Learning and memory are fundamental components of how animals and humans navigate their world and adjust to environmental changes. These changes can include social interactions, which have particular importance for social animals, including humans. However, the neural basis of social learning is poorly understood. In order to uncover the specific neurochemicals and even individual neurons responsible for this memory, a tractable model system is necessary. The fruit fly, Drosophila melanogaster, is a premier genetic model organism with a large molecular genetic toolkit and has proven successful in establishing the molecules, brain regions, and in some cases individual neurons, responsible for conditioned memory. Indeed serotonin, dopamine, and octopamine have all be associated with various types of learning and memory. In anatomical studies, brain regions including the mushroom bodies, central complex, and lateral horn are important for learning and memory. The approach taken in this proposal is to apply these techniques to fruit fly fighting and the establishment of dominance relationships, which can serve as a social model of learning. Males fight over food and mates often forming dominance relationships. Following even a single fight, losers are likely to lose subsequent fights and fight at lower intensity against familiar than unfamiliar opponents, thus developing a """"""""loser mentality."""""""" Previous work has shown that the loser mentality persists for at least 24 hours, but the duration of this memory and whether it has a protein synthesis requirement remain unknown. Furthermore, the neurons responsible for consolidation of this memory have not been identified. This system represents an ideal one to test whether serotonin or small groups of serotonergic neurons are responsible for memory consolidation in the loser mentality. Further studies will address whether dopaminergic or octopaminergic neurons affect learning and memory. To accomplish these goals three specific aims are proposed: (1) to characterize the type of memory involved in the formation of the loser mentality using behavioral tests, pharmacology, and genetic drivers;(2) to test whether serotonin modulation affects memory consolidation using a combinatorial genetic approach;and (3) to identify and manipulate restricted populations of serotonergic or other aminergic neurons that modulate memory consolidation using intersectional genetics. If specific neurons are identified that are responsible for memory consolidation, potential synaptic connectivity can begin to be identified using a split gfp (GRASP, GFP Reconstruction Across Synaptic Partners). The proposed research has the potential to identify the specific neurons and neurochemicals responsible for the consolidation of memory in a loser mentality. Furthermore, this work will advance fruit fly aggression as a novel model for understanding socially-induced learning and identifying the neural basis of behavior.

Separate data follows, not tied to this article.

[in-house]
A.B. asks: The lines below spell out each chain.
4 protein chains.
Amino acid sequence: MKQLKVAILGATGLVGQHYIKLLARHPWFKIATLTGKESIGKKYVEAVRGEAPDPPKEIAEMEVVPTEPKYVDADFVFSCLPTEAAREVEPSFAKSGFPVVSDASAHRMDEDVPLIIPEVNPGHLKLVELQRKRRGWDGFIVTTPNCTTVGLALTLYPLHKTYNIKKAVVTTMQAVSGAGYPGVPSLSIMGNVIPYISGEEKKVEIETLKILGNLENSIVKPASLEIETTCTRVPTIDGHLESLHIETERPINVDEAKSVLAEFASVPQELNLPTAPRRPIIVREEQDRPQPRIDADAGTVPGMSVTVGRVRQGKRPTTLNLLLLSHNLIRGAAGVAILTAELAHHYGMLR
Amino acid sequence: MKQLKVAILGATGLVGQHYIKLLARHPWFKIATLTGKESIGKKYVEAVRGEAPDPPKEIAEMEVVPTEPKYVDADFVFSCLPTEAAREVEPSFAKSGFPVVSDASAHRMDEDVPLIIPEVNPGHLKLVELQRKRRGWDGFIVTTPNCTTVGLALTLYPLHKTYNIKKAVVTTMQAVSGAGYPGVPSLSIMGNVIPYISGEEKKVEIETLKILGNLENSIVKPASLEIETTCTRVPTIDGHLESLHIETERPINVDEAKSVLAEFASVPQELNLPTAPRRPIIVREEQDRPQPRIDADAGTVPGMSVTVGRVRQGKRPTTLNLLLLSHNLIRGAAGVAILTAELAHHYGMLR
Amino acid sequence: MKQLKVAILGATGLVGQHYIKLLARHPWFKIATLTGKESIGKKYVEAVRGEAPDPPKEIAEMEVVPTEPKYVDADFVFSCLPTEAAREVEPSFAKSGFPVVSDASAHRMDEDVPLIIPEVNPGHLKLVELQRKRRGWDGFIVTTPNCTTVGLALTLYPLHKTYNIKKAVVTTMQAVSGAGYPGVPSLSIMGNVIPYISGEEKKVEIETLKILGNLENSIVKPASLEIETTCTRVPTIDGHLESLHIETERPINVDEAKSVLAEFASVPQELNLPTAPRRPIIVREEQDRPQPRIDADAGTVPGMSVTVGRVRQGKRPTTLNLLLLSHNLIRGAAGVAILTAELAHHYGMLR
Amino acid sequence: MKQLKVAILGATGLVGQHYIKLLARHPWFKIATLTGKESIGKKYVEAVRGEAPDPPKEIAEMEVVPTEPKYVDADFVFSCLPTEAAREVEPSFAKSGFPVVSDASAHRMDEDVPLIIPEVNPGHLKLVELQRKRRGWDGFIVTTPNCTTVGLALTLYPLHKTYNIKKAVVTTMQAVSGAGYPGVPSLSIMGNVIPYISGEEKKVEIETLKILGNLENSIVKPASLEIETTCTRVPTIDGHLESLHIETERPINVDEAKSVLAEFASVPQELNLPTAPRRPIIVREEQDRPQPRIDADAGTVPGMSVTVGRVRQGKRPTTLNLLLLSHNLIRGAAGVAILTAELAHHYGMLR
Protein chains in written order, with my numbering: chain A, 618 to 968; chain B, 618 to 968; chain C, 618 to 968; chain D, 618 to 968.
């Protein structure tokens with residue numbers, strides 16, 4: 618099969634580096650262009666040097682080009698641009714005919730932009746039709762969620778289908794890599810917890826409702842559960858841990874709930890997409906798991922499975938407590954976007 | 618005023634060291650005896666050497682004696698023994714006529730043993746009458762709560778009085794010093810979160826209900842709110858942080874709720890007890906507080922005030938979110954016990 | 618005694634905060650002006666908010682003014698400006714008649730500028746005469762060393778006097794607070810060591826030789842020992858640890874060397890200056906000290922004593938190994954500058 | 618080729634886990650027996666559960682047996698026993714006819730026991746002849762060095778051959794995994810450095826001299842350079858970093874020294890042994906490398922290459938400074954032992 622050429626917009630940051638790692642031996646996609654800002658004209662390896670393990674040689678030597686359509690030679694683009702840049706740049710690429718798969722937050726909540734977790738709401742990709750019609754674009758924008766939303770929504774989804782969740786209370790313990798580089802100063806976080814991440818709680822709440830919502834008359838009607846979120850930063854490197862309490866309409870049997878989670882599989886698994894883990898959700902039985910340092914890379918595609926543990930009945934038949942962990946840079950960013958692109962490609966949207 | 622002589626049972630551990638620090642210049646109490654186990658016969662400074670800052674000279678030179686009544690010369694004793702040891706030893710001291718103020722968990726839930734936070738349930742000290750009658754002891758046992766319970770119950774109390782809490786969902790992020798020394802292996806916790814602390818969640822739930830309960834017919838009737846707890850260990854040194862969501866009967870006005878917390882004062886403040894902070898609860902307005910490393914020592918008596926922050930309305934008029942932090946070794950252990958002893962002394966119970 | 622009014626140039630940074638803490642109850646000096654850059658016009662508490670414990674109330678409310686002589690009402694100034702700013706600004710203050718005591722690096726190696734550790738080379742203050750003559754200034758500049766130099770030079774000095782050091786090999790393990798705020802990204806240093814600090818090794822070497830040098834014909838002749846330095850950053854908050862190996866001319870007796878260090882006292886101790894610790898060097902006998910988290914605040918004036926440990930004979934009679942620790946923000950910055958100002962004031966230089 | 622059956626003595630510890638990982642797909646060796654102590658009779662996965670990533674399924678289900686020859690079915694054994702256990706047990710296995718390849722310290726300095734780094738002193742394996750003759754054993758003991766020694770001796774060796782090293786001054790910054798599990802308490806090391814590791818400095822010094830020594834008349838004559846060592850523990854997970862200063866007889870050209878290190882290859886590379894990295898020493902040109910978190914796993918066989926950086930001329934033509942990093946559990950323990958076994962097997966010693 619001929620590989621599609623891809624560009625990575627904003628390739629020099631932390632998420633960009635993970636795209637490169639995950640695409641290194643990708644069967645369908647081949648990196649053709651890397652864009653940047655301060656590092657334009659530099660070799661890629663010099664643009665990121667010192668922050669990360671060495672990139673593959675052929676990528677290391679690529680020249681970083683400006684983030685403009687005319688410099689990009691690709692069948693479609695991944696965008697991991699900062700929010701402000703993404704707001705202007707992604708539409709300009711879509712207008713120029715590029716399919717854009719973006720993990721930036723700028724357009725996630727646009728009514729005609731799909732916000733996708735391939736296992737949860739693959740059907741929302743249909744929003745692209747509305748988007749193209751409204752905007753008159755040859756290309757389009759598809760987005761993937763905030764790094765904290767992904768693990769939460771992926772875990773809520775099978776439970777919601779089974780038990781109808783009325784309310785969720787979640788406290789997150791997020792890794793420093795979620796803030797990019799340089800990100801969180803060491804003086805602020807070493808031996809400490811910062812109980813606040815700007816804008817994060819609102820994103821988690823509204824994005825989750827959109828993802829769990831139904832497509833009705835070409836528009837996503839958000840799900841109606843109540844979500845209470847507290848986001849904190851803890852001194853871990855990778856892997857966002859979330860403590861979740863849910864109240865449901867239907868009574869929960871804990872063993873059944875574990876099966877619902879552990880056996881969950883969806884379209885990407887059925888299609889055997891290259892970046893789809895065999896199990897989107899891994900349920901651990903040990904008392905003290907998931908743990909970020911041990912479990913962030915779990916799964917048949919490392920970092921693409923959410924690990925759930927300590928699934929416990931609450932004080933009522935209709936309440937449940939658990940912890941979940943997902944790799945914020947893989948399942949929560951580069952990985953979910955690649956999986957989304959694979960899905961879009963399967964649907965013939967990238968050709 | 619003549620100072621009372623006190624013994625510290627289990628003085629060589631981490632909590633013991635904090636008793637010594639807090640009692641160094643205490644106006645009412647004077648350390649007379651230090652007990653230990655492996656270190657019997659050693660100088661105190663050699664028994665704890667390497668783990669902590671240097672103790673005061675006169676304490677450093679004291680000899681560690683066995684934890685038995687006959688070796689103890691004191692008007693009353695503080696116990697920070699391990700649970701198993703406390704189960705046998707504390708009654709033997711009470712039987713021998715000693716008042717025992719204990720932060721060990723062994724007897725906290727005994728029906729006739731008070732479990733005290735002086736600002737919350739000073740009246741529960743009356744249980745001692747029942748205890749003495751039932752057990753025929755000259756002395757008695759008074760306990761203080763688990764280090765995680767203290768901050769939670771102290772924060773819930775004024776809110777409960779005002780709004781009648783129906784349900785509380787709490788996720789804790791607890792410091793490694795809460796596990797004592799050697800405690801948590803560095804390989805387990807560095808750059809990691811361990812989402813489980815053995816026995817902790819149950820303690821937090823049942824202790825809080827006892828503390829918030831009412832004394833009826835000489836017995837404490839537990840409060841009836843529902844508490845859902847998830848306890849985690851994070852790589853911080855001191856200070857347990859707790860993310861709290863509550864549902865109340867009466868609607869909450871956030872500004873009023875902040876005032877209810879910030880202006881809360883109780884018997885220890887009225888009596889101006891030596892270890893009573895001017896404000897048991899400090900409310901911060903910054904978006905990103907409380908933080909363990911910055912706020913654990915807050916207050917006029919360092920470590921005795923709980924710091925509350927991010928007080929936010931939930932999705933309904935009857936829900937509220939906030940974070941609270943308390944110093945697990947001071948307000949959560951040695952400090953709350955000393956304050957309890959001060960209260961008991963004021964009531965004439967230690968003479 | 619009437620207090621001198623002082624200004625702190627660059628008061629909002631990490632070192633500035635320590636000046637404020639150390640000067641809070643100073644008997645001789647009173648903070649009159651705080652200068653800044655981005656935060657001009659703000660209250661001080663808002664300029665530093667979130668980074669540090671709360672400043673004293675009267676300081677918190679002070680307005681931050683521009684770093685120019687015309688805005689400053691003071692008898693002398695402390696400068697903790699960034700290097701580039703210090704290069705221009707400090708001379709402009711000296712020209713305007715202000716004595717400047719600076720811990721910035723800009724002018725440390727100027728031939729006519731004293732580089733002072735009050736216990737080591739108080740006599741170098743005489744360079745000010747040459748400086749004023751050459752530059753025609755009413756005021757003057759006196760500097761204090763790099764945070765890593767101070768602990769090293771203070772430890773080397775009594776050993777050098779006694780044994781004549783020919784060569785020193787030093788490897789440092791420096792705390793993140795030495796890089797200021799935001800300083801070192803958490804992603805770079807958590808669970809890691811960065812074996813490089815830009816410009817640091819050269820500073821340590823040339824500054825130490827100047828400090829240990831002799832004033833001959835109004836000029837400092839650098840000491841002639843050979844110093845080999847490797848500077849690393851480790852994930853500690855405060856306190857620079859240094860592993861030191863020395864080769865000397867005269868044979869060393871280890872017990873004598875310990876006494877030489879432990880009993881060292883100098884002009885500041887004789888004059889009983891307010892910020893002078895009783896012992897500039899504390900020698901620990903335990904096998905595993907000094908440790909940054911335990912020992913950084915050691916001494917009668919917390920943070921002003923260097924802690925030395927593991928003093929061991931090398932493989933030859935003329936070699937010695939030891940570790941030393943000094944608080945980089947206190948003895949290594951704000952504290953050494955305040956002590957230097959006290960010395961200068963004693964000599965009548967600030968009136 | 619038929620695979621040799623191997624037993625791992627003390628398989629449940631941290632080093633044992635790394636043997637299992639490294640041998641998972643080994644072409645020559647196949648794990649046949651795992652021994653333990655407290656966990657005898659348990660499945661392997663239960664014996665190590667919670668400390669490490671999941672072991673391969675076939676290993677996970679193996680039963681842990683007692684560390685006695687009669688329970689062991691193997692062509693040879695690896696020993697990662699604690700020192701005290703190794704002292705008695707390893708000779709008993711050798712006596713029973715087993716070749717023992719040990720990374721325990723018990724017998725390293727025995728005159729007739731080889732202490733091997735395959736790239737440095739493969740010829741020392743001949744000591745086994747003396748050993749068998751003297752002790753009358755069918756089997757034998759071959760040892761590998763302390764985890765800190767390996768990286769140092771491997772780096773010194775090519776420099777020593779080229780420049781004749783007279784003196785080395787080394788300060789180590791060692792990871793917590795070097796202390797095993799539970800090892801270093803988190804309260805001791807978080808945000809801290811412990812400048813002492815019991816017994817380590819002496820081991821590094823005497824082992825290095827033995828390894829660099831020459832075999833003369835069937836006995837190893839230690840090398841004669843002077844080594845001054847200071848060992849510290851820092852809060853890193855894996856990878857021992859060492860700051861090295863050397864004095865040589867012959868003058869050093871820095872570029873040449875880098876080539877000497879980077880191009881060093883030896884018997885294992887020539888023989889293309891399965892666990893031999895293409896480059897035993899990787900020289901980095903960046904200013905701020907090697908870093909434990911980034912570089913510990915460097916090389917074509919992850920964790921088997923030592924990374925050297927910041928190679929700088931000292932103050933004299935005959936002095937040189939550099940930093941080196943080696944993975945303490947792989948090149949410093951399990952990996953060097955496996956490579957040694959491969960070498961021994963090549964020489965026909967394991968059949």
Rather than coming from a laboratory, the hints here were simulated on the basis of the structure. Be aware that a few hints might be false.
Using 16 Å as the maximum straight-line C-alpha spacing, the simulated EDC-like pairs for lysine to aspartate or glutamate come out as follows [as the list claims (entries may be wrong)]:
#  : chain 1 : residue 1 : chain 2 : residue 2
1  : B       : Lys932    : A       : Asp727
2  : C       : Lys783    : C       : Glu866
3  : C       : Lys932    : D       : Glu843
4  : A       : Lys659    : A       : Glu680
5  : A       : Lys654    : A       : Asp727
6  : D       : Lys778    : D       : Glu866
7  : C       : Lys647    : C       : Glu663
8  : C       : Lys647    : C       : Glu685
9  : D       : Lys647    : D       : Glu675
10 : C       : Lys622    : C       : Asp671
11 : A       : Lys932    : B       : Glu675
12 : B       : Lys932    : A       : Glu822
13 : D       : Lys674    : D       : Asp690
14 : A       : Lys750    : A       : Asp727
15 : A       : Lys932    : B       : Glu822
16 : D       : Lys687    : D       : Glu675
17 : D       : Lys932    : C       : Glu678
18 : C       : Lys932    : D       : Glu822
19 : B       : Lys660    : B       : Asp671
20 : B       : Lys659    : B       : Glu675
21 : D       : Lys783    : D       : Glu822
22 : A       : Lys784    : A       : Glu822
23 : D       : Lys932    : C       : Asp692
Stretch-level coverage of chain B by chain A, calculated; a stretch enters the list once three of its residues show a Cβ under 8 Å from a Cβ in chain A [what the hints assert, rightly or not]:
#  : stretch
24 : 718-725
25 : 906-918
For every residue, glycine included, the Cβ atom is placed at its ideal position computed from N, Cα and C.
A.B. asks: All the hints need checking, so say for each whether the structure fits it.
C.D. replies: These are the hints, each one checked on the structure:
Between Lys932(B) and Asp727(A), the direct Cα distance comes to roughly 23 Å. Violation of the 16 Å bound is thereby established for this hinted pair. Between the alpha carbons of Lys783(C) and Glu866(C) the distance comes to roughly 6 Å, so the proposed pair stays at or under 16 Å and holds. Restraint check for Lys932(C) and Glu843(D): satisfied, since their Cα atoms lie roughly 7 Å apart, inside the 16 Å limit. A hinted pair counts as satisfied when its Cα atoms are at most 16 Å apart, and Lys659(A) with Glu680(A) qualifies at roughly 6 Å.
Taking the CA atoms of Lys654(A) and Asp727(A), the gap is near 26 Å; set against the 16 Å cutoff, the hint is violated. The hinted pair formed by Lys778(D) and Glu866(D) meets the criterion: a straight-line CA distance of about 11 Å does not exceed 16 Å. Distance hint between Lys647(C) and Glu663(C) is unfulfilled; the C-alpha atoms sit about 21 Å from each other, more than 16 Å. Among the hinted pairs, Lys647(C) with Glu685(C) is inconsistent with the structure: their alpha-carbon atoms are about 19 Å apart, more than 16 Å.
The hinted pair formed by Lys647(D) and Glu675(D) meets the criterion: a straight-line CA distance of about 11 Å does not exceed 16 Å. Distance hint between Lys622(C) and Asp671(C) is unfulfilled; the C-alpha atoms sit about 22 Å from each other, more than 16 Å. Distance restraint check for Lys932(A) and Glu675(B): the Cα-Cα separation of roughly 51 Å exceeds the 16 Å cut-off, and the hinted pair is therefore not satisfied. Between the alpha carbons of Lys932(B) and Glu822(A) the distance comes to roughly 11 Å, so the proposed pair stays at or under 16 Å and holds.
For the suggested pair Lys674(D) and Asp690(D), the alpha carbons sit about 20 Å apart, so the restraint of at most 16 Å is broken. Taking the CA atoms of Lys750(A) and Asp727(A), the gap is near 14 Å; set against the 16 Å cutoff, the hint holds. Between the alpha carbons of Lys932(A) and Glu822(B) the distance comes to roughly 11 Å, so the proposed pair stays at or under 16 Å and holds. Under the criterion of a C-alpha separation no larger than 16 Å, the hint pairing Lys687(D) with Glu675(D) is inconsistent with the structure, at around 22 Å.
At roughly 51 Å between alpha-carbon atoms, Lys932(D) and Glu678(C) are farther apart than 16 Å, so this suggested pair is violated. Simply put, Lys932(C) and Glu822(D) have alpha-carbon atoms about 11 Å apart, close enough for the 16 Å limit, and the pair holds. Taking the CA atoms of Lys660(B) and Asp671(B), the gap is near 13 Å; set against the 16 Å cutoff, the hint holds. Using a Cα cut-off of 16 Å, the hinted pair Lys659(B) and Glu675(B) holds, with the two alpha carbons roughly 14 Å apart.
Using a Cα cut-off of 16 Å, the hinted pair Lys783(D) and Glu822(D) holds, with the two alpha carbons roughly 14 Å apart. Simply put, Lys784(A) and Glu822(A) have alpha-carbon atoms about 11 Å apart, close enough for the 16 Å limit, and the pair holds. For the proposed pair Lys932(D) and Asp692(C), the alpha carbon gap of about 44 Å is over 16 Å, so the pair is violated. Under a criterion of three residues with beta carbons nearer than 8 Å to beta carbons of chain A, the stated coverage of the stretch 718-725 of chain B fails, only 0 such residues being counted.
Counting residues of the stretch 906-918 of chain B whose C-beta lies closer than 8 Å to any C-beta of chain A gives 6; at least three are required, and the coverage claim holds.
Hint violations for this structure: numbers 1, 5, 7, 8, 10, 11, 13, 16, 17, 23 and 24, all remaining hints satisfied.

Human learning and memory is complex and often occurs in social environments. To gain a thorough understanding of the molecular and cellular basis of social learning we need a tractable model organism, and the fruit fly (Drosophila melanogaster) presents an ideal system to identify the neural basis of social learning through dominance relationships. The neurotransmitters involved in learning and memory, which include serotonin, are highly conserved between humans and insects suggesting that insights gained from this work will inform our understanding of learning and memory in all organisms.